While we should not normally read too much into the meaning of names in the Bible, we should make an exception for this chapter because the biblical writer himself makes something of the names. Nabal is true to his name, which means “fool,” (v. 25). Abigail’s name means “My Father is Joy,” and the positive name reflects her positive character and charm.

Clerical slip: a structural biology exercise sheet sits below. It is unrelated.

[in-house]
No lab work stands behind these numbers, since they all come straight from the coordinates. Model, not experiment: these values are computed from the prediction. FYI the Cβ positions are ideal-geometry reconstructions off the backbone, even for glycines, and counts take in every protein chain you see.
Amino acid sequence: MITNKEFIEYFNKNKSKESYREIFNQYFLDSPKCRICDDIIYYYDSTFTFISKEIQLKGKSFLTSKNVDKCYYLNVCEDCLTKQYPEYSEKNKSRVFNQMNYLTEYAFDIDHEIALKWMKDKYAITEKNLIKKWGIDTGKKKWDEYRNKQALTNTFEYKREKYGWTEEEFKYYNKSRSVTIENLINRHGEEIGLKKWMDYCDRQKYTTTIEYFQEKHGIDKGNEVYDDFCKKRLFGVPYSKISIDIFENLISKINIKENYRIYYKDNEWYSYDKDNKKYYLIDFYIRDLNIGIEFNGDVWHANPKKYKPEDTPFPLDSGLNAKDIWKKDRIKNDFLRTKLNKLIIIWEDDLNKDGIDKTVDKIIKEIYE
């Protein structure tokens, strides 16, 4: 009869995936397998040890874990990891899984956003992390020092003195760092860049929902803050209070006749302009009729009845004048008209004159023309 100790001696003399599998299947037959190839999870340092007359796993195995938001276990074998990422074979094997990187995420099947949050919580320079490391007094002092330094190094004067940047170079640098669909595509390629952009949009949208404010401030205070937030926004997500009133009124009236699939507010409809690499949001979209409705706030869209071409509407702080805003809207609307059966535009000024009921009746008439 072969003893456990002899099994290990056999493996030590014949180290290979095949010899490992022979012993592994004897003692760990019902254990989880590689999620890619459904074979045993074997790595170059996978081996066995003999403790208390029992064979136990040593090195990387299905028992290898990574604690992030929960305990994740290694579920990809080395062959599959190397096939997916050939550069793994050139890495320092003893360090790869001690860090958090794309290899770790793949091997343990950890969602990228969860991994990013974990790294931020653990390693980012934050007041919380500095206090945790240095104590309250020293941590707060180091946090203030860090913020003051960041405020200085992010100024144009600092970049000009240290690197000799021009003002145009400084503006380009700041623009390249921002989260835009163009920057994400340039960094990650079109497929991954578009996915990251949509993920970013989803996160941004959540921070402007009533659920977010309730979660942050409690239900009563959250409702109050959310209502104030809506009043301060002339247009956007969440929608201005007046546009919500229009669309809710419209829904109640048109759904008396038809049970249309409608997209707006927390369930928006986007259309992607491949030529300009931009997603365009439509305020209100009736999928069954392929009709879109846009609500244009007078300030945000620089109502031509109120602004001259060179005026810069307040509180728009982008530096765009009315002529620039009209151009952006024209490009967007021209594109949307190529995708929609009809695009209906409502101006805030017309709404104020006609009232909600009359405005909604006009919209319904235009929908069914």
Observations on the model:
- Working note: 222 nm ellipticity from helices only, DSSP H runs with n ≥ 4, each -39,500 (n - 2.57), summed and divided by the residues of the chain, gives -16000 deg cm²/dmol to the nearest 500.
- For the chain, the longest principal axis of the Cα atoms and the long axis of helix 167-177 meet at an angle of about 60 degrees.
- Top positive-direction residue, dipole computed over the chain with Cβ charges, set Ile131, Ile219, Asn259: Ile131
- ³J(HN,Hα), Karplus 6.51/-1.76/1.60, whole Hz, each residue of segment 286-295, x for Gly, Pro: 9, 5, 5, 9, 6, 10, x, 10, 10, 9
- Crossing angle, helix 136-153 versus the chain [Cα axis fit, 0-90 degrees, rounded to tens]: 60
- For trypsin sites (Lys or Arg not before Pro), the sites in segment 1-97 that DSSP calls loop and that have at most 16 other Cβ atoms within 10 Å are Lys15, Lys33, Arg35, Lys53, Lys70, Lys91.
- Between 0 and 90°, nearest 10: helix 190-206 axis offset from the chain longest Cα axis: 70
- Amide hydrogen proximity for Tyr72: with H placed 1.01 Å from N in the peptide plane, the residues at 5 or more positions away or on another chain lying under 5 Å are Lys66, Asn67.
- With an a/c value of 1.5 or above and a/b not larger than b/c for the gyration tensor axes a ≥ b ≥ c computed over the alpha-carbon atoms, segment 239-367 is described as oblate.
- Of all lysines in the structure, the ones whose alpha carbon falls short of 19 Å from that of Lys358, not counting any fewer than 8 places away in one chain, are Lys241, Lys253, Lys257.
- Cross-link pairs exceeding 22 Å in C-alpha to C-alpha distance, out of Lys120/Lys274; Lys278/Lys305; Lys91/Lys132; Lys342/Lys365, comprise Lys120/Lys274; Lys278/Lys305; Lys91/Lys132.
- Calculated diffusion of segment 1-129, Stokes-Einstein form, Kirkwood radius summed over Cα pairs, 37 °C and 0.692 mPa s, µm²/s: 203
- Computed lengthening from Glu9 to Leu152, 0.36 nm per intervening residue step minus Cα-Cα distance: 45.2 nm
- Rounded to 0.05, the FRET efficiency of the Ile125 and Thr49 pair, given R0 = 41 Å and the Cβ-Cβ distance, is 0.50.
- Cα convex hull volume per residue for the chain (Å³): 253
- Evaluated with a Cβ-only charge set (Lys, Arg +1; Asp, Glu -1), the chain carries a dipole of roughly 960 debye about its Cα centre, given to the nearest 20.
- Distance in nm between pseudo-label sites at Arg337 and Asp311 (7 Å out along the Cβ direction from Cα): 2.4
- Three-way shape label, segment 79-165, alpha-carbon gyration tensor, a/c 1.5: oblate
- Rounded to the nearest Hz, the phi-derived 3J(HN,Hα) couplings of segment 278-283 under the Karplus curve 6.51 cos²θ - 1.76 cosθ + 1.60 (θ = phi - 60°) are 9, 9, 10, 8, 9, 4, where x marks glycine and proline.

Verses 1-13: After Samuel’s death (v. 1), David and his men relocated to the southern-most part of Judah, known as the wilderness of Paran. This region was about as far south as one could go and still remain in Israel. While David was in the wilderness, he and his men assisted Nabal’s servants by providing military protection for them while they were shearing their sheep. After Nabal’s servants finished and had returned to Nabal, David sent some of his servants to Nabal to request reimbursement for their services. Nabal rejected David’s request, using phrases reminiscent of Saul (“son of Jesse”, etc). Nabal’s rhetorical questions about about David’s identity should be understood as derogatory put-downs. Nabal certainly knew who David was since David was the champion of Israel and since both David and Nabal were from the tribe of Judah. Nabal’s response violated payment provisions in the Mosiac Law (e.g. Deut. 24:15), and David responded to Nabal’s actions by summoning his men for battle.